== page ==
Coronavirus: UK moves to part two of virus plan as cases hit 90

Prof Chris Whitty

Image caption

Prof Chris Whitty answered questions from MPs on the health and social care committee

UK health officials have moved into the second phase of their response to the coronavirus outbreak.

Prof Chris Whitty, the country’s chief medical adviser, told MPs it was “highly likely” there was now some “community transmission” within the UK.

Measures will be ramped up to slow the spread of the virus and could involve “changes to society”, he said.

Three new cases of the virus in Scotland have brought the total number of positive tests in the UK to 90.

Speaking to a committee of MPs, Prof Whitty said the country was now “mainly” in the delay phase of the government’s four-part plan to tackle the virus, but was still following aspects of the first phase.

It is still being decided what measures will be taken in the delay phase – but the government has said they could include banning big events, closing schools and dissuading people from using public transport.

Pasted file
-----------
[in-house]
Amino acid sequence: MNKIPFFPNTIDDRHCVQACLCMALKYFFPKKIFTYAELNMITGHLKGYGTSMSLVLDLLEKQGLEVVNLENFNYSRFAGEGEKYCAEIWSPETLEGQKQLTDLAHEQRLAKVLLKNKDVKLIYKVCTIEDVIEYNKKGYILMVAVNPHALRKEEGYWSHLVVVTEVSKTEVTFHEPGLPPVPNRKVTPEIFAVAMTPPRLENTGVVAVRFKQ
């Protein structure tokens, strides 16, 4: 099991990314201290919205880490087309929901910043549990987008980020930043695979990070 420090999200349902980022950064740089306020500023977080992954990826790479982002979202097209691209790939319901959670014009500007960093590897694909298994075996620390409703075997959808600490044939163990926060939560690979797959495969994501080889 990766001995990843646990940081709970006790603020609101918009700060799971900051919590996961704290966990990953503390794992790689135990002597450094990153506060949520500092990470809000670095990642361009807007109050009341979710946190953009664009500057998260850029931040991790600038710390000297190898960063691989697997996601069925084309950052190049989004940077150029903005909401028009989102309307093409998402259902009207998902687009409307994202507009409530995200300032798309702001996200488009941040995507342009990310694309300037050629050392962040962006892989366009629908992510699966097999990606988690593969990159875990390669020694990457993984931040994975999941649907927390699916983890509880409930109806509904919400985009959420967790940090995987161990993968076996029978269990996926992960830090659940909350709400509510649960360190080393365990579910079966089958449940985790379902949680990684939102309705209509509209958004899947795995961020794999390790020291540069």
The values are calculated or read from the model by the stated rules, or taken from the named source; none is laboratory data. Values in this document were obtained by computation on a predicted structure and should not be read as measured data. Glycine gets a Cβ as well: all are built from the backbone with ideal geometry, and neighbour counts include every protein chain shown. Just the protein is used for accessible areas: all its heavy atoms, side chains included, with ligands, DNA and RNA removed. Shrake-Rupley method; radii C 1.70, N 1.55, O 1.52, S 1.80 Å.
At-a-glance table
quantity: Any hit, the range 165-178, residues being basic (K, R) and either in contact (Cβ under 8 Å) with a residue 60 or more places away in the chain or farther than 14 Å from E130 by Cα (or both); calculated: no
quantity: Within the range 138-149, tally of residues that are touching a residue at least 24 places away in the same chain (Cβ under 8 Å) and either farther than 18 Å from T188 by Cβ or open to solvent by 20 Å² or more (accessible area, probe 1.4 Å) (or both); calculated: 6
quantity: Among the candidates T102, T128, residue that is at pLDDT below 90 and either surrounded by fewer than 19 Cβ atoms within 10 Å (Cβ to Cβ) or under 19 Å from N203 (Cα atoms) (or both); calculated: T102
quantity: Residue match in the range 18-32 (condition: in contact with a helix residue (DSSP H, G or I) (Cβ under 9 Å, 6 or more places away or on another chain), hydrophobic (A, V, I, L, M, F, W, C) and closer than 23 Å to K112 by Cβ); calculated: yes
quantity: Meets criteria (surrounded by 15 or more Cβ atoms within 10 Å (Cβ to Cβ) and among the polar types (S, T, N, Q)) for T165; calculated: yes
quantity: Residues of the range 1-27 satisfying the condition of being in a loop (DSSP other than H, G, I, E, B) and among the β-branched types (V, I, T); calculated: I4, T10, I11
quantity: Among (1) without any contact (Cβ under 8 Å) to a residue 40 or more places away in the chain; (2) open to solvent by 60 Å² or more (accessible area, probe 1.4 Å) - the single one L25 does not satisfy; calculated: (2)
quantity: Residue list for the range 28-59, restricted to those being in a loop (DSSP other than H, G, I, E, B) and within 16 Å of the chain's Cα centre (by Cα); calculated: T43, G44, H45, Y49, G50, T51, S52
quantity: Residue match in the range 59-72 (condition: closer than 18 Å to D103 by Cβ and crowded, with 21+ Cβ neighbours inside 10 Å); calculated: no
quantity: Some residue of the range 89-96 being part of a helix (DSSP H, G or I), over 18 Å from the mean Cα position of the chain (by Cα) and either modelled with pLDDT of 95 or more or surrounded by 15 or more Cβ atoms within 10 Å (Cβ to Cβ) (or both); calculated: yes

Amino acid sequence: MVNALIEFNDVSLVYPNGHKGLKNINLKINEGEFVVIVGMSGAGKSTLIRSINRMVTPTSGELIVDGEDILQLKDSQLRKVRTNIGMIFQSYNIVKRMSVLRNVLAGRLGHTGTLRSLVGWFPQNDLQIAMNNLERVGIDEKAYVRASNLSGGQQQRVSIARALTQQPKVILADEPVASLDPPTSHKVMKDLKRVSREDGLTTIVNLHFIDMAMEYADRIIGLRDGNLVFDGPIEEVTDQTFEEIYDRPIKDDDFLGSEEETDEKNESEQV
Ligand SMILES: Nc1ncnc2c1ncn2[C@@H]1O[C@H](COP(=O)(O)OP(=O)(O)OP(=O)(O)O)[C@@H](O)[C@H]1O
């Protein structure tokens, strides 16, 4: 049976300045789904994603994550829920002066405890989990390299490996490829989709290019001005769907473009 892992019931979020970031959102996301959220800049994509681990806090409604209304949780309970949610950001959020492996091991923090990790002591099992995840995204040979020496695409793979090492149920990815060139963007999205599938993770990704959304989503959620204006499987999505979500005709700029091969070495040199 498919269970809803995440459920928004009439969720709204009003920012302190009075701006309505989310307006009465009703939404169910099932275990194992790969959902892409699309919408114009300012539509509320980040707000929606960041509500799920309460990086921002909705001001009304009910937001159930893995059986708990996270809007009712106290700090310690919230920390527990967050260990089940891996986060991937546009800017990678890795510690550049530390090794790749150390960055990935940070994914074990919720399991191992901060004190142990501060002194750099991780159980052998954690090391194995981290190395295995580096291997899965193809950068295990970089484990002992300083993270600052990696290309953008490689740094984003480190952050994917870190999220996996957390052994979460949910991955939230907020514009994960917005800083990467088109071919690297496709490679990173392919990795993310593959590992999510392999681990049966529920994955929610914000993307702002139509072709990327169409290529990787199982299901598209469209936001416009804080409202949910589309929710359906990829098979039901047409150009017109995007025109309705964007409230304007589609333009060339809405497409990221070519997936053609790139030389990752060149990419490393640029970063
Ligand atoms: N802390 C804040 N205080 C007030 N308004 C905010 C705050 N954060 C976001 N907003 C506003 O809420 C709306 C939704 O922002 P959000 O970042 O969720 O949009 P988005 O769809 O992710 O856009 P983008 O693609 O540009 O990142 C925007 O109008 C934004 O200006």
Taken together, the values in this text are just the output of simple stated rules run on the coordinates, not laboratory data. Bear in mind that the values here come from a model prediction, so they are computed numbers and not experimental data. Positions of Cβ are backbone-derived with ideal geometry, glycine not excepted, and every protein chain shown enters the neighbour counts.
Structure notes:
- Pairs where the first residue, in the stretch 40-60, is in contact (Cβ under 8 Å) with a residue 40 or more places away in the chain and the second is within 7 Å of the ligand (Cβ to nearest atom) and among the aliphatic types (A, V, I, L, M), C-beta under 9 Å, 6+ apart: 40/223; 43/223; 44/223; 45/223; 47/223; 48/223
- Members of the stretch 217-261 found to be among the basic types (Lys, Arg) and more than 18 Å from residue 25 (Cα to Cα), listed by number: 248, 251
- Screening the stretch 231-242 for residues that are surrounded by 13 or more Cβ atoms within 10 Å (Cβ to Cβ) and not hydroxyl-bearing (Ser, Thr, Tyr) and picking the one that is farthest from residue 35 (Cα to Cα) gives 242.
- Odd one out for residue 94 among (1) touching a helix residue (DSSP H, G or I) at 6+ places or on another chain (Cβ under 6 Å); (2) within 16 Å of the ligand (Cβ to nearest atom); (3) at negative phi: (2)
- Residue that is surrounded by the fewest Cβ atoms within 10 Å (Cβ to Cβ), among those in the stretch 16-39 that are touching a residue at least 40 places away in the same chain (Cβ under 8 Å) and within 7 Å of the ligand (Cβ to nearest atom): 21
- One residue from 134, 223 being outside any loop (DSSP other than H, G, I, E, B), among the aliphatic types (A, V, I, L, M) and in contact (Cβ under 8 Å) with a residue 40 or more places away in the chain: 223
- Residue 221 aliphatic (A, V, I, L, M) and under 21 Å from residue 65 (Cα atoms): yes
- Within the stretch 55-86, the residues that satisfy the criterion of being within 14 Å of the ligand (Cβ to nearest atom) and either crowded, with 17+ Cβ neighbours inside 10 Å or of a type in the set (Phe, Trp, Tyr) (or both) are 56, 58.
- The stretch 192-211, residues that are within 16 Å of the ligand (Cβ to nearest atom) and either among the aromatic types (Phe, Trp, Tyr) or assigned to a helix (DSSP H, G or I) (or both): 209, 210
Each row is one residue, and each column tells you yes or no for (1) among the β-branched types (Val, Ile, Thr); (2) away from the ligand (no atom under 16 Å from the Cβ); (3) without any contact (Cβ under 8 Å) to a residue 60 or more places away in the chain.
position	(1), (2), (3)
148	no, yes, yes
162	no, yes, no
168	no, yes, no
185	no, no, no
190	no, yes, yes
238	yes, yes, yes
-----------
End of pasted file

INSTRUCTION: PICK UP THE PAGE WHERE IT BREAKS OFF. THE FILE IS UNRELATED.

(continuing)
What do I need to know about the coronavirus?

Prof Whitty said benefits of the delay phase included:

  • Pushing the peak of cases “further away from the winter pressures on the NHS” so that there was “more capacity to respond”
  • Buying time to allow the UK to improve its response or develop counter measures such as drugs, vaccines and diagnostics
  • There may be a seasonal element of the virus – so if the peak was delayed to spring or summer, the “natural rate” of transmission could be lower

On Wednesday the highest day-on-day rise in cases in the UK was reported, when the number of cases jumped from 51 to 87.

The UK’s early response to the virus, which causes Covid-19, was based on the spread being controlled in China, with some minor outbreaks in other countries, Prof Whitty said.

But he added: “The chances of that happening are now very slim. Slim to zero.”

In other recent developments:

About 90,000 people have been infected globally since the outbreak of coronavirus in Hubei province, China, in December, with cases in more than 50 countries and more than 3,000 deaths.

Last week, a British man who was infected on the Diamond Princess cruise ship quarantined in Japan became the first UK citizen to die from the virus.

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